EBRD and EU support waste recycling company in Kosovo

By Bojana Vlajcic

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Plastika boosts production and competitiveness with a new recycling line

Kosovo-based company Plastika recycles plastic waste, processes it into granulates and turns these into various types of foil used in agriculture and construction. Developing the business, which has 90 full-time employees, has been a gradual process. The firm started by collecting plastic waste, then began to recycle it, then moved into producing plastic materials.

“In the early 1990s, we started selling foils, mainly agricultural foils,” says Plastika Sales Director Ardit Shabani. “The high demand for these products suggested to us that we should invest in our own production. In 2006, we completed an investment in a new factory with production and recycling lines.”

The company was a national pioneer in the industry, though developing the business was not without challenges.  

“There were various challenges: technical problems, a lack of qualified staff and infrastructural problems, mainly to do with electricity,” Mr Shabani says. “In this industry, power outages are extremely costly, as well as damaging to equipment and production. However, our determination to make the investment work means we now have two recycling lines, with a capacity of 30 tonnes per day, as well as five production lines. Our company has broad coverage of the domestic market, but also wide reach on the international market – up to 60 per cent of our annual turnover is from exports.”

Since 2006, Plastika has recycled more than 50,000 tonnes of waste. In addition to collecting waste in Kosovo, it imports it from several countries. All of this is sent to the recycling plant, where it is treated based on plastic type. The waste is then separated, ground and cleaned.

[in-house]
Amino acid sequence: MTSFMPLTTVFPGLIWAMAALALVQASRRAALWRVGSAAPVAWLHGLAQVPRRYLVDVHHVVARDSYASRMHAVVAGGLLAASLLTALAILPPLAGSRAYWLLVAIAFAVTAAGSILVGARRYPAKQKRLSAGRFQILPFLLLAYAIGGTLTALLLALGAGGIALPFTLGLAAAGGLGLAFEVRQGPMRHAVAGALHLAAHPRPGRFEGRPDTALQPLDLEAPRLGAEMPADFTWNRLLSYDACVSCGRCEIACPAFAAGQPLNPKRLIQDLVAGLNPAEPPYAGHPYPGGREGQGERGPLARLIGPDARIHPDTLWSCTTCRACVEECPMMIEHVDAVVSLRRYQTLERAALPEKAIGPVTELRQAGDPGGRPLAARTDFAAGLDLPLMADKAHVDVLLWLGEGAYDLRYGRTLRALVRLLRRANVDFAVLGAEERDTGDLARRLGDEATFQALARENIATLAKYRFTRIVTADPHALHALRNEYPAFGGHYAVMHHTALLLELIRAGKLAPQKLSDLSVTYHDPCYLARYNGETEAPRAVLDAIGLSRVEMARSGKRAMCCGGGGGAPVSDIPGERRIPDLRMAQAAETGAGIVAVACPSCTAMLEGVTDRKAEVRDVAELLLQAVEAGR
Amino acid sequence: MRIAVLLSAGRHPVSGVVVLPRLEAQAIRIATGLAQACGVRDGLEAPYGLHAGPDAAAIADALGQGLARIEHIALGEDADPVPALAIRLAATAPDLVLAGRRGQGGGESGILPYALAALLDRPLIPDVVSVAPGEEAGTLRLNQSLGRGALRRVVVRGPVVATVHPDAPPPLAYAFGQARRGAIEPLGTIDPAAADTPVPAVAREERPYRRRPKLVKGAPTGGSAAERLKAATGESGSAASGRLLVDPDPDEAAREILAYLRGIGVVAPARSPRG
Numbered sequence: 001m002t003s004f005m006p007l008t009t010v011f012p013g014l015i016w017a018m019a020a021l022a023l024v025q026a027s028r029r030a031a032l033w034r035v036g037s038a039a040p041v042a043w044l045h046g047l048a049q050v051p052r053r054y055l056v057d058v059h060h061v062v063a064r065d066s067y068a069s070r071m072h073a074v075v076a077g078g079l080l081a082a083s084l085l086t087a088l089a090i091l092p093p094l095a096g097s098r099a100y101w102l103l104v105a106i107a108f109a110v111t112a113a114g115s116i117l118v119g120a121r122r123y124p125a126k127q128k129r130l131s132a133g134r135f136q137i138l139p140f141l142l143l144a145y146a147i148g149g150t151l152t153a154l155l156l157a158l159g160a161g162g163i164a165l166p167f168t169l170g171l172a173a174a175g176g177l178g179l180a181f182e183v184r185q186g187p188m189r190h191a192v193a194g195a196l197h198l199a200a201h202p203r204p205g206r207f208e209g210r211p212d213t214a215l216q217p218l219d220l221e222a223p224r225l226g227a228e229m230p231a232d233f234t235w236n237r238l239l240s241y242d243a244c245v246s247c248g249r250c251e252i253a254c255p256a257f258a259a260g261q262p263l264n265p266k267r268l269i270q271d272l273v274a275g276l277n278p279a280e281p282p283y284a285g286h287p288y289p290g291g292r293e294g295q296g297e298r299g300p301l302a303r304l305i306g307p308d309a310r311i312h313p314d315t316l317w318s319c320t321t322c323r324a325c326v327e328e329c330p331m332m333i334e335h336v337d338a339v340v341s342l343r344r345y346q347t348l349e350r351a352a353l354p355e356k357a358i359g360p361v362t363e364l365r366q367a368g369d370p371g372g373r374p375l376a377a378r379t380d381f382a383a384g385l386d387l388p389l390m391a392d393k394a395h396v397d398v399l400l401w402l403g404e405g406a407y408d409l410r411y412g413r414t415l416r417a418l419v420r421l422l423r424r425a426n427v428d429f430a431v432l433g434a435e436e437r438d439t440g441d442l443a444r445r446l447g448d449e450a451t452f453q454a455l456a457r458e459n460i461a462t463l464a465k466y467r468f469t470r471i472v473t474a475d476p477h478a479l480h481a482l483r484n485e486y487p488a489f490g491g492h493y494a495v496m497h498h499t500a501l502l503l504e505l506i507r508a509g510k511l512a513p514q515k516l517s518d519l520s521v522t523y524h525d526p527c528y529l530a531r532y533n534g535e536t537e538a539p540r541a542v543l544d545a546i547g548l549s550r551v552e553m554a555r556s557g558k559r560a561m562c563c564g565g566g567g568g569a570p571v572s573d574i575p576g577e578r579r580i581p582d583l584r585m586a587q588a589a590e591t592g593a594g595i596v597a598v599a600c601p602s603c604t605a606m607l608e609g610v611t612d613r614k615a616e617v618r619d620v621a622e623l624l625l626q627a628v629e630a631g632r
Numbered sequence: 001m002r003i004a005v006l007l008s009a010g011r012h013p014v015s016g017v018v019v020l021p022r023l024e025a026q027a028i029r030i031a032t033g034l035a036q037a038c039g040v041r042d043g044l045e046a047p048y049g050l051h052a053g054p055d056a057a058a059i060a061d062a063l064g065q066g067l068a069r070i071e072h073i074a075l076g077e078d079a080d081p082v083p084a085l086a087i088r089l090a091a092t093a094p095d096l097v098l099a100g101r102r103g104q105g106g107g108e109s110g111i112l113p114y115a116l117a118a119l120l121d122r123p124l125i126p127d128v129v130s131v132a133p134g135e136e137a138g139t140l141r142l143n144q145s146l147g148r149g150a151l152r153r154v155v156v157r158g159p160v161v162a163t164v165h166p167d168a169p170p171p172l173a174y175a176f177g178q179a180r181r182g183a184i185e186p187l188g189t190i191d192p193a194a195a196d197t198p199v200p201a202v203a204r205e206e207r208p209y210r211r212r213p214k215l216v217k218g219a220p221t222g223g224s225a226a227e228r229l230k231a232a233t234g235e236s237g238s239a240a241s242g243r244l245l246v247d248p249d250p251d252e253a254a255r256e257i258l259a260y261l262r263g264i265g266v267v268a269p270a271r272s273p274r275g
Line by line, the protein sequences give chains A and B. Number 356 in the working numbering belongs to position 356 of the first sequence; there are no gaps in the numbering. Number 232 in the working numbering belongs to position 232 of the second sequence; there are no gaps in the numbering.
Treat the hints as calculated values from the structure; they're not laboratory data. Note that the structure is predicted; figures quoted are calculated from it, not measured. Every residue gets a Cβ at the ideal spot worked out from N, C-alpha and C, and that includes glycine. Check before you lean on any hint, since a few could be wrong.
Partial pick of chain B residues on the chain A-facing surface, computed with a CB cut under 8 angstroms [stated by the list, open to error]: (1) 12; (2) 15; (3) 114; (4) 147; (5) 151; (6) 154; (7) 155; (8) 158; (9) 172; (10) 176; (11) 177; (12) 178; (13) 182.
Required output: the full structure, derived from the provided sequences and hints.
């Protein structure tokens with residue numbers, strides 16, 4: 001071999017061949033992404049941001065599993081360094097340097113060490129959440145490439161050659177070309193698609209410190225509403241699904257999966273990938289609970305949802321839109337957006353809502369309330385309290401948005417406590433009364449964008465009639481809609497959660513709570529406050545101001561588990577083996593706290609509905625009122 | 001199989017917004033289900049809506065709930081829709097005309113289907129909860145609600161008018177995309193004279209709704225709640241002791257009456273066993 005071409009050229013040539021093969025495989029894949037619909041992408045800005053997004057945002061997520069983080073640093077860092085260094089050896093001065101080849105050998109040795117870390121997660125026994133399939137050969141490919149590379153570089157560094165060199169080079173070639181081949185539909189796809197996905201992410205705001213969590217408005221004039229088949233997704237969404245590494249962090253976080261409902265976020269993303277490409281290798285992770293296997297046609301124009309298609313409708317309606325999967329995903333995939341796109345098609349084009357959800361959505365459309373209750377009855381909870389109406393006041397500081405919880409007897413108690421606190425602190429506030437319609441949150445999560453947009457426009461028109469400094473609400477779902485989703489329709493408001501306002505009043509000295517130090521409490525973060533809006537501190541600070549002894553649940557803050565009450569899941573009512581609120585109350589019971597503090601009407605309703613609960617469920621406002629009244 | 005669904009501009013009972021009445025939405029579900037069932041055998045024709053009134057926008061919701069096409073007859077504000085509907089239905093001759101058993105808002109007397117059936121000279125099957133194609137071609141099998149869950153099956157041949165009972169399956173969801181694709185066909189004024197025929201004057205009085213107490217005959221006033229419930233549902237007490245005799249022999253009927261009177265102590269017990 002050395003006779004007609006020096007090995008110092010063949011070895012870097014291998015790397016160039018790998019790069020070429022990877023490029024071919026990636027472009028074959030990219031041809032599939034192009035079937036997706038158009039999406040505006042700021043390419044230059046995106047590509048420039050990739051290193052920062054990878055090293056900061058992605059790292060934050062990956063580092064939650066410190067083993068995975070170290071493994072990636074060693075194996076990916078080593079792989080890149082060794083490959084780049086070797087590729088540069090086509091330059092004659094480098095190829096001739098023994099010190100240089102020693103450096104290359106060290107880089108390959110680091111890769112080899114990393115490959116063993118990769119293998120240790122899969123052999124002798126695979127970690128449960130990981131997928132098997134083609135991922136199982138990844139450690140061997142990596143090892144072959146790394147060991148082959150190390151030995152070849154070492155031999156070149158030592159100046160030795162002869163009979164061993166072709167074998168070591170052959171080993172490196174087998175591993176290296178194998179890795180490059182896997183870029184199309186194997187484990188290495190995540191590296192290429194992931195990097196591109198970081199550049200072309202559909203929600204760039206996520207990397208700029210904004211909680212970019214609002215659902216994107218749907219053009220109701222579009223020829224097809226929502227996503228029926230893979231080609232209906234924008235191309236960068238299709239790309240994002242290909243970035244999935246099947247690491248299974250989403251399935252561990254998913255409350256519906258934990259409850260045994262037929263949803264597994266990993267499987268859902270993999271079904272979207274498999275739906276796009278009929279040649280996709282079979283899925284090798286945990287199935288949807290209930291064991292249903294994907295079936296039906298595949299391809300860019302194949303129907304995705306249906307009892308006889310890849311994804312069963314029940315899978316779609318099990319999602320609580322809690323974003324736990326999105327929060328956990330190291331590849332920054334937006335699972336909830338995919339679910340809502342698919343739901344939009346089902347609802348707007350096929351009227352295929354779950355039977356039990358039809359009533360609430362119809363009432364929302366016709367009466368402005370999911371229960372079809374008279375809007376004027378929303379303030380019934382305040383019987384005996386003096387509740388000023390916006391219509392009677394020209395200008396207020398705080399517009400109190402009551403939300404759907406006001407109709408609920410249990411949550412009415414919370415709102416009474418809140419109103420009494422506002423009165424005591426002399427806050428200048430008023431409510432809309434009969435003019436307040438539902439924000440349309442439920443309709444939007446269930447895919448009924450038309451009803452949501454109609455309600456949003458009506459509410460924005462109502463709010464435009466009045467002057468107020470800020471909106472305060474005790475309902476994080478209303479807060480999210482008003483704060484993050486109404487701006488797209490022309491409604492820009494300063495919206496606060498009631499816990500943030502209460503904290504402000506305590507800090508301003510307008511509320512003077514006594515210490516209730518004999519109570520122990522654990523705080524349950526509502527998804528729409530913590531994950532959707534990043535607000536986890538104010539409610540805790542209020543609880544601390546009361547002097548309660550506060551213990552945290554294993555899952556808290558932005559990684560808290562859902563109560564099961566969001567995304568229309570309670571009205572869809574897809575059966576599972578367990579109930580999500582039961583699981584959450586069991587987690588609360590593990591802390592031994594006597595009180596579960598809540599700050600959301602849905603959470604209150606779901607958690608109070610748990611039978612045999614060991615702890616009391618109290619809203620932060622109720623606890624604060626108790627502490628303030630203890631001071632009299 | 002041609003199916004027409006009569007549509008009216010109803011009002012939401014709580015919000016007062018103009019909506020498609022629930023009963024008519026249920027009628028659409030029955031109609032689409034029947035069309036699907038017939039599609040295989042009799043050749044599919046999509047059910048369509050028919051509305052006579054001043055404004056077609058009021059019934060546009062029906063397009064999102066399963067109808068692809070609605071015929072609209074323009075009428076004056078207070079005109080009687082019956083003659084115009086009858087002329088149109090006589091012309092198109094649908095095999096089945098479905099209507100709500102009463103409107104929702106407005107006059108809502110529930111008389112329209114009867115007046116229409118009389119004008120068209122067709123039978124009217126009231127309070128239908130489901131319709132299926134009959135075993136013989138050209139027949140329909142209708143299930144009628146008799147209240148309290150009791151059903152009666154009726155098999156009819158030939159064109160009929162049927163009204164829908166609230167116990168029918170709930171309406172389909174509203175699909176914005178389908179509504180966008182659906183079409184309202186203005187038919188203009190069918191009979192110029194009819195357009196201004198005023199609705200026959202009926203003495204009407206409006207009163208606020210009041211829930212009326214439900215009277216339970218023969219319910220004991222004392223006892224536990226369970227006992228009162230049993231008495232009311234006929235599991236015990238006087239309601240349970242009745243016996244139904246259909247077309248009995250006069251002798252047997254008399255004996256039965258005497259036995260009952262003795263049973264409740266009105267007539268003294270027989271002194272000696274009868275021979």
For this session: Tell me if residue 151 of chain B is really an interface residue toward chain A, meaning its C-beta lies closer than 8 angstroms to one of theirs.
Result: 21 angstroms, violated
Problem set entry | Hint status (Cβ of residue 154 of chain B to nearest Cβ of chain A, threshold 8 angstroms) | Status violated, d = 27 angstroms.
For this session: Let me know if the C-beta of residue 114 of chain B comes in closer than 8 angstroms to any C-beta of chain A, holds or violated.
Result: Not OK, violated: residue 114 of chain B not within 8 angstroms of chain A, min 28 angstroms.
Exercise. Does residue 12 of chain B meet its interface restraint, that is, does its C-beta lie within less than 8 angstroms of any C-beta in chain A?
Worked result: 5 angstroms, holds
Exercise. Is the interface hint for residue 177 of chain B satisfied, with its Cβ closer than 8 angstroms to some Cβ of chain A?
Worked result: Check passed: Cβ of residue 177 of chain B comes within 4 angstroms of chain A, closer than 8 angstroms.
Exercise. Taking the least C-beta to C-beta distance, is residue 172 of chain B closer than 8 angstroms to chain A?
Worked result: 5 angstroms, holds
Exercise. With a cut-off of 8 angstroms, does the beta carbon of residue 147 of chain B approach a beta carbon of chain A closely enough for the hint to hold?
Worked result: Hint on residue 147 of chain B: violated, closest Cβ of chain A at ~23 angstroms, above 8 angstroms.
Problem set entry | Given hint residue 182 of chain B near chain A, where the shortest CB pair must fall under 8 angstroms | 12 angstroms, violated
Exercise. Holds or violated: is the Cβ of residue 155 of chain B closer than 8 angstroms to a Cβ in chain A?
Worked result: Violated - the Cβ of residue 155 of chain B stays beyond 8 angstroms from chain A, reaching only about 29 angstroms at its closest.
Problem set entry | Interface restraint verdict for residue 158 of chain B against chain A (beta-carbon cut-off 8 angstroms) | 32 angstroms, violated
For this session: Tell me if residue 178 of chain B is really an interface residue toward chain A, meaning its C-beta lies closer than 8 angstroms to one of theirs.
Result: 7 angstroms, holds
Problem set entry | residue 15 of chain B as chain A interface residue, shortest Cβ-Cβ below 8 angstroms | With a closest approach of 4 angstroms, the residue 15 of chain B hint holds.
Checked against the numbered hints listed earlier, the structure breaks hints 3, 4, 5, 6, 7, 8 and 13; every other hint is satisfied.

“Our business model is to recycle plastic waste, from which we develop products for the construction industry, based entirely on recycled materials,” Mr Shabani says. “The recycling starts with the collection of waste by company employees, but also by external partners, both businesses and individuals.”

When it decided to expand its capacity, Plastika turned to the EBRD for support. The company accessed fresh finance through an EBRD programme, co-financed by the European Union (EU) under its Instrument I for Pre-Accession Assistance (IPA), which provides loans through local commercial banks. This allowed the company to invest into a new recycling line. The total loan from Banka Per Biznes (BPB) amounted to €600,000 and, on successful completion of the investment, the company received a grant of €90,000, funded by the EU IPA and managed by EUO/EUSR Kosovo.

“Our new recycling line, with capacity of up to 1,000 kg/hour and new and modern technology, has enabled us to increase our recycling capacity and production of plastic products,” Mr Shabani says. “At the same time, this investment has increased the quality of the recycling process, which also affects the quality of the final product. It creates a competitive advantage for us on the international market. In this way, we have managed to procure a production line that is aligned with European regulations.”

In addition to improving quality, the new machinery is also energy efficient, bringing about significant energy savings as well as reduction in CO2 emissions.

The SME Competitiveness Support Programme in Kosovo is a €30 million facility developed by the EBRD and the EU to help SMEs improve their competitiveness. Eligible investments include equipment and facility improvements that help companies align with EU regulations and strengthen their ability to export to the EU while speeding up Kosovo’s transition to a greener, more sustainable economy.

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